Saturday, 14 November 2009

Disunity - Unity

Article 3 ~ November 2009

"Earnestly contend for the faith which was once delivered unto the saints." Jude 3:3 (AV)

"I . . . earnestly appeal to you to put up a real fight for the faith which has been once and for all committed to those who belong to Christ" (JBP)

The General Epistle of Jude with its condemnation of false teachers and plea for loyalty to the truth of the Gospel has the practical purpose to warn against all such and to encourage, persuade Christians to value those who stand firm for the faith and to share with them in the fight against whoever and whatever would threaten its continuance and growth.

It is a singularly appropriate appeal to believers in these contentious times for the faith and the churches, under continuous attacks from materialists, humanists and most militant atheists.

The reality is that within the churches there is unity and disunity and we are constantly made aware that Protestantism is so diversified in theology, ecclesiology and attitudes to evangelism and ecumenism that it cannot be a definitive summation in Christian faith and practice. It is, though, what is taught and believed in Protestant churches to give them a unity in diversity.

The tenets of the faith recited in creeds by those with set liturgies, are the beliefs to which others give assent for the differences are less theological than practical and historical. Any research on denominational origins will find their beginnings, while dissimilar in each case have more to do with personal preference, the dictation of conscience and the choice of church order and discipline.

These aspirations were the causes of separation and alienation.

Time and circumstance has encouraged some to develop good relationship, and to present a better picture of Christianity to the world. Each of the churches would insist however that the primary task is to worship God and to show by word and deed to commitment to Christ. And to claim that the Christian philosophy for life is based on the conviction that people need God, for without Him life is lived in a lesser dimension, that the faith works when people turn to Christ and their lives are changed and enhanced by that decision.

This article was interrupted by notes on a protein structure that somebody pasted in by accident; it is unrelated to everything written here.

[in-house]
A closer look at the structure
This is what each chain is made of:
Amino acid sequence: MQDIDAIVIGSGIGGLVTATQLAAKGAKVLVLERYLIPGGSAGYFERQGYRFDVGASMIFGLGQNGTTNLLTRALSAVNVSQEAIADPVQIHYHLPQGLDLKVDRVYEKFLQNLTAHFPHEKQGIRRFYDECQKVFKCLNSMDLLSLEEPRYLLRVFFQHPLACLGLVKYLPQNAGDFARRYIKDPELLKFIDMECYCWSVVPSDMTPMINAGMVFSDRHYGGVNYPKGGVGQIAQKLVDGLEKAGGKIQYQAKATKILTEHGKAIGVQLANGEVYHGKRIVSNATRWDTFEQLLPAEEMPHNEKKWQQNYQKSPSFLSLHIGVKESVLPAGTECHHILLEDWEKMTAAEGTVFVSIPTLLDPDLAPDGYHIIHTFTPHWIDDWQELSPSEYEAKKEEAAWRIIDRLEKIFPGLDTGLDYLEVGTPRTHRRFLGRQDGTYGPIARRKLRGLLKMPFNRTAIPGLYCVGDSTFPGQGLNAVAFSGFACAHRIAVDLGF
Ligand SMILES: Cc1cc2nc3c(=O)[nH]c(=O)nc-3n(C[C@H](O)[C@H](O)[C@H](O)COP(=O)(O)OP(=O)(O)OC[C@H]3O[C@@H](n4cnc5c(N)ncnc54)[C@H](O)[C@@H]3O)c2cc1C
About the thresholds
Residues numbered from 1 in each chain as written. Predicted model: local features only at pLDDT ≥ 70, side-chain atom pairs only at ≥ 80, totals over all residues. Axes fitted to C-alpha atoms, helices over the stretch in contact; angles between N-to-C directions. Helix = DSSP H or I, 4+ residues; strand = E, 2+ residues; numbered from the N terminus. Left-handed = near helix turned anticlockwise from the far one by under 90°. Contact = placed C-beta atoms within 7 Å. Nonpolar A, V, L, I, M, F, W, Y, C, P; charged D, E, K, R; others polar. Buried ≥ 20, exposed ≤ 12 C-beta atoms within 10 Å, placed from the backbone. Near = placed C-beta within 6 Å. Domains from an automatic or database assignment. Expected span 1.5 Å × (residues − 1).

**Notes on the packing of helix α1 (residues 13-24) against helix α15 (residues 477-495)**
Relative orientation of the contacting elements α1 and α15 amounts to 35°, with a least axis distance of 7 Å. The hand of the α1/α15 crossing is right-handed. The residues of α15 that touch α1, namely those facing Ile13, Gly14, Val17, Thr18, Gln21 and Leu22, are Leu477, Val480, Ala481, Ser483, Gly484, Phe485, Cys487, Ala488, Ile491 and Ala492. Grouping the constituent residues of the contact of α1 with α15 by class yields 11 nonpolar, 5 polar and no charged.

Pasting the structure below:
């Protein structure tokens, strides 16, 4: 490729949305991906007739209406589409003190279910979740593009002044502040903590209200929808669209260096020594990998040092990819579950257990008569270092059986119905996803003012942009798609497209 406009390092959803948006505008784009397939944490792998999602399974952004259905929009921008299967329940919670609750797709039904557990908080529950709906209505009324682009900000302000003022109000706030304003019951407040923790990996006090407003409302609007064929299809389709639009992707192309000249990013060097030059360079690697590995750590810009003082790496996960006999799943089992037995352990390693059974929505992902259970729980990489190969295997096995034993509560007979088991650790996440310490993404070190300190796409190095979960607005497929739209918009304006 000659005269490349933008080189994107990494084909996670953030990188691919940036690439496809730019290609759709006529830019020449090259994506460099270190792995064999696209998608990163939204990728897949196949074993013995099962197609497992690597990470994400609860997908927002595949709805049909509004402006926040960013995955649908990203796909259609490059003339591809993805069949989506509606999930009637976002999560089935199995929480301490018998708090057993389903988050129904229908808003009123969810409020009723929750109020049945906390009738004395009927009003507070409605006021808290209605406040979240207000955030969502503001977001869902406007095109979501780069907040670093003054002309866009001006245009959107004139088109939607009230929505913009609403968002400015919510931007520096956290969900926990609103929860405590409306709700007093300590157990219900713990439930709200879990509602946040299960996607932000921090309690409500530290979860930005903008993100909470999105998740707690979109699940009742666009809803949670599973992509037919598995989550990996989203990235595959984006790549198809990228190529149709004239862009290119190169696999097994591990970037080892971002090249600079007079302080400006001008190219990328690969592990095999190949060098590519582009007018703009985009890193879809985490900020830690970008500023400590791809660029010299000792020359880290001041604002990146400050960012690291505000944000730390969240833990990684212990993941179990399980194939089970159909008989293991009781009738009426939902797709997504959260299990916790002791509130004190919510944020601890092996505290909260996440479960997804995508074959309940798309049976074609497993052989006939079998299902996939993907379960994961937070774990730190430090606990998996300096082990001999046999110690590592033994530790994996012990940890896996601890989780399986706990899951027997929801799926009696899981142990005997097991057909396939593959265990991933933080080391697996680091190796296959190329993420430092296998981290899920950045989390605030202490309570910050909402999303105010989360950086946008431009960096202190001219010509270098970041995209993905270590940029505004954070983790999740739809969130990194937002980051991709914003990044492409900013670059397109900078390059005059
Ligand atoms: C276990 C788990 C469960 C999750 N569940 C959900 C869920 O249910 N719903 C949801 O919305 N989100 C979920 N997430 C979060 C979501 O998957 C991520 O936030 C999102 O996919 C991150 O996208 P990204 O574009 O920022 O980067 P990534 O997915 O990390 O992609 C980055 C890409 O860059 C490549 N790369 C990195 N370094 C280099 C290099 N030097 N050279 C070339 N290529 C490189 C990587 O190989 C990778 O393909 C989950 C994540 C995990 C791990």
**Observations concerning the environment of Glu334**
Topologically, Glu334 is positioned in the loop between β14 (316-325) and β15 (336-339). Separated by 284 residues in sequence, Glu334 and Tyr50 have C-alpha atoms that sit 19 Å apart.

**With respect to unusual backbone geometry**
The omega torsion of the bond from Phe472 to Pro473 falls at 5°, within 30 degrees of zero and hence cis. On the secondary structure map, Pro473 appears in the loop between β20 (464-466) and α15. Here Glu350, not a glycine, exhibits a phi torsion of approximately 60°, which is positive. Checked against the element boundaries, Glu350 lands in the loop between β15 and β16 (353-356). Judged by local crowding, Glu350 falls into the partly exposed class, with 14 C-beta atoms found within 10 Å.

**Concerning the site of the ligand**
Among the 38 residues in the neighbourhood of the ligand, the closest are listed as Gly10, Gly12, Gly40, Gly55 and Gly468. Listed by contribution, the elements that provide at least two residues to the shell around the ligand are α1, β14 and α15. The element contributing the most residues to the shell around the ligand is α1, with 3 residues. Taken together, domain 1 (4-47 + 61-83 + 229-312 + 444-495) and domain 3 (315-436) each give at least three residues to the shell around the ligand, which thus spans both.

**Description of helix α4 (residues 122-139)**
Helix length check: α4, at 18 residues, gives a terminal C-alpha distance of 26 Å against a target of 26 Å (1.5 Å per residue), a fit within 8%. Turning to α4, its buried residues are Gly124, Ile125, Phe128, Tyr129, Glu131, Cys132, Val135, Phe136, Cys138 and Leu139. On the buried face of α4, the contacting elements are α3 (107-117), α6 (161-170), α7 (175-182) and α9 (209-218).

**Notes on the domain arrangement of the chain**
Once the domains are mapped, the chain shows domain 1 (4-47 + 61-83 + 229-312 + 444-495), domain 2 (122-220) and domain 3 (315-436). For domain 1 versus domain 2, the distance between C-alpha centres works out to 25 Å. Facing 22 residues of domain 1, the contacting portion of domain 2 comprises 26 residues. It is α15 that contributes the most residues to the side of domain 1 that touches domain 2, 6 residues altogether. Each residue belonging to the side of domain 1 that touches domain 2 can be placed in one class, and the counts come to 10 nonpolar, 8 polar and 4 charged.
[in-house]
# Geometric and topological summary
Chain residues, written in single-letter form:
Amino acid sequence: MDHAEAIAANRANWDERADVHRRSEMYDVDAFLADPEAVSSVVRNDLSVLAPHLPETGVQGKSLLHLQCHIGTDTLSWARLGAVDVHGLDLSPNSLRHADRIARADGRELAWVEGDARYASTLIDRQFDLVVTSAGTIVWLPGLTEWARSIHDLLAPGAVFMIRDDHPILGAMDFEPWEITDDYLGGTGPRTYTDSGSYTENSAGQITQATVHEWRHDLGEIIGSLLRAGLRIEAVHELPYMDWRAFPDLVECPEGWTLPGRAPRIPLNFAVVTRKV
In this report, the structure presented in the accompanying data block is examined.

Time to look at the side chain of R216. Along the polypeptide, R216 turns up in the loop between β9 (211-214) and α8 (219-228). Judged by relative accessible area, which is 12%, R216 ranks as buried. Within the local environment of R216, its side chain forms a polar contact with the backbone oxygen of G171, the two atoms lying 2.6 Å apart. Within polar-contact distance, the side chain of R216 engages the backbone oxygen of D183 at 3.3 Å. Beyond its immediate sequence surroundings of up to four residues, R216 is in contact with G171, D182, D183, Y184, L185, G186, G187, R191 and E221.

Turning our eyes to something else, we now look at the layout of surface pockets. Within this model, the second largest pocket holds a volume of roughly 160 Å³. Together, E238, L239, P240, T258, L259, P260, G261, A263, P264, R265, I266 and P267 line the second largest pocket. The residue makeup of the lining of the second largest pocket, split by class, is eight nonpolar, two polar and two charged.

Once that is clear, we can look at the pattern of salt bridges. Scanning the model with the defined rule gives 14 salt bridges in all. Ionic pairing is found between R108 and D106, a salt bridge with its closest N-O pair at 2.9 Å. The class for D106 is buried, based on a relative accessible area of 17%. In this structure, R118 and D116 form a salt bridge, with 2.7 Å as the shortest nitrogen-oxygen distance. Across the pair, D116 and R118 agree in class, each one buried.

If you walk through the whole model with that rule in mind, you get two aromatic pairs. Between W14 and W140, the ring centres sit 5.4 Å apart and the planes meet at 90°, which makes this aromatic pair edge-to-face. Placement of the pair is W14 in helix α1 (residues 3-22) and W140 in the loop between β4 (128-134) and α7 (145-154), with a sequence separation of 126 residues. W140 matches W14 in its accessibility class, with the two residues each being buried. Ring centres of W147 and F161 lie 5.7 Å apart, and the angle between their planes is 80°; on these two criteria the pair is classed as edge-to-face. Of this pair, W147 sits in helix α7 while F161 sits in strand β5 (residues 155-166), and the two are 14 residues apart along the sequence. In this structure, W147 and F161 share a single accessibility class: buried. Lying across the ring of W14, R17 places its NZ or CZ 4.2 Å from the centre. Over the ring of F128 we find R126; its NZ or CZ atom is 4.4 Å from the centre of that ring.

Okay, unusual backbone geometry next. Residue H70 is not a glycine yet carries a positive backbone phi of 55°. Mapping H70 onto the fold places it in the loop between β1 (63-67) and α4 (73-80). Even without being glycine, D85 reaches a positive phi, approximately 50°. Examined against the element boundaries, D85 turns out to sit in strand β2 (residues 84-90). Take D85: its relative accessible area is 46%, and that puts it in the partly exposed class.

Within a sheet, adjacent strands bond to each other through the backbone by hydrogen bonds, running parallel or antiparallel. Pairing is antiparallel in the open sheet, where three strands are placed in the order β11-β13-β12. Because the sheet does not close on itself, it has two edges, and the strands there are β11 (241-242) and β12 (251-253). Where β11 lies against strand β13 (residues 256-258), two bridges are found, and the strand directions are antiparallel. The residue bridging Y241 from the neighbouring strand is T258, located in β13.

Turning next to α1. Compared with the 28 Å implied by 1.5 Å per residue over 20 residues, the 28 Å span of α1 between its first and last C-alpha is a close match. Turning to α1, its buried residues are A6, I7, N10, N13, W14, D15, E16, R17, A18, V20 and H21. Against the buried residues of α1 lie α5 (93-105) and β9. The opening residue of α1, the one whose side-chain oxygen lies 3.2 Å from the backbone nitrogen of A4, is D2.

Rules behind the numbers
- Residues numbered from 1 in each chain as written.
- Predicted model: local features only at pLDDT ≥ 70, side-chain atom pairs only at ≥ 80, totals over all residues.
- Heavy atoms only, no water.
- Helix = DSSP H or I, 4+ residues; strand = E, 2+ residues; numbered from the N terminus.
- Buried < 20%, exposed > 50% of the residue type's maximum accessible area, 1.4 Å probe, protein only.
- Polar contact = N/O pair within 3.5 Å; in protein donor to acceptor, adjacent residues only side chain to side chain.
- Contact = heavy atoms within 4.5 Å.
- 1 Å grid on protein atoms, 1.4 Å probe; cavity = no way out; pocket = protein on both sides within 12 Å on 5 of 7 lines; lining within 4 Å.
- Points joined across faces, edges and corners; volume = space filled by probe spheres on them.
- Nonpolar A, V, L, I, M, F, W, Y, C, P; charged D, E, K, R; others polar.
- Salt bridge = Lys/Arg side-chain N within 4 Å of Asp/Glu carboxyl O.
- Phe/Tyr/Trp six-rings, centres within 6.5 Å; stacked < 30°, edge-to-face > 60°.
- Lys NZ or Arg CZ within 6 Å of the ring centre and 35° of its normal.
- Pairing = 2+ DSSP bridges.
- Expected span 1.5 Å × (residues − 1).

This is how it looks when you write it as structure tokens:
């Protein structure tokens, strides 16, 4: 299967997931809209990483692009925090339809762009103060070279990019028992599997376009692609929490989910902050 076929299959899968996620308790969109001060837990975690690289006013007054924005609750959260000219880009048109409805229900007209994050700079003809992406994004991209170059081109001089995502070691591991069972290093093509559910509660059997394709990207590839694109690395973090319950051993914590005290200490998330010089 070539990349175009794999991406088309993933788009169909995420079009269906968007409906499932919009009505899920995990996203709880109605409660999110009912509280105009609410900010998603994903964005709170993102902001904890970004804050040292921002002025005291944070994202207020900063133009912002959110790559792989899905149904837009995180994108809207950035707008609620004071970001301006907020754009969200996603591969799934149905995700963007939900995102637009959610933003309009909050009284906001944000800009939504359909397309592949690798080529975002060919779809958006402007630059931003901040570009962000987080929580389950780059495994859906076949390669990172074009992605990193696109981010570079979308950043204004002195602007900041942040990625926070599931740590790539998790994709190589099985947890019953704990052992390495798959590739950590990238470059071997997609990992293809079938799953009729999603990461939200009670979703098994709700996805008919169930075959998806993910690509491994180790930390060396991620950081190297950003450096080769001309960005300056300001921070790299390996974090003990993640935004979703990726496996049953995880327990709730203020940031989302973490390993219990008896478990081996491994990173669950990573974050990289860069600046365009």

It is the recognised duty of the churches to bring people to that experience and to have and enjoy the benefits.

The faith is always more than a corpus of belief. It is the motivating force in the lives of Christians, true to their commitment to Christ. The contention is that the answers to the ills of the world and the needs of people are to be proud in the Christian faith, that if the country is to be freed of the distresses, the attitudes and lives of people must be changed and centred on character and conduct best exemplified in the Christian way of life with its Christ. Like selflessness and determination to care more for others than oneself to practice that Christian brotherliness that seeks the good of people spiritually, intellectually and physically; to help bring about just legislation and to condemn all that grievously disaffects us - sectarianism, racism and classism among them.

On issues of such consequence there should be unity in the churches for disunity is defeatist and disastrous for the faith.

Rev. Canon Dr. S.E. Long

Wednesday, 4 November 2009

The Christian And His Fellowman

Article 3 ~ October 2009

Nowhere in the writings of St Paul is there more rational, sensible and sensitive thinking on Christian, and other, attitudes on human relations than in Romans 12: 10-21. With its sentiments expressed in words and phrases with charity and precision, memorable and still applicable, beginning with "Be kindly affectioned one to another: in honour preferring one another not slothful in business . . . serving the Lord, rejoicing in hope, patient in tribulation . . . given to hospitality", and ending "If thine enemy hunger, feed him, if he thirst, give him to drink . . . Be not overcome of evil but overcome evil with good."

Principles to be Applied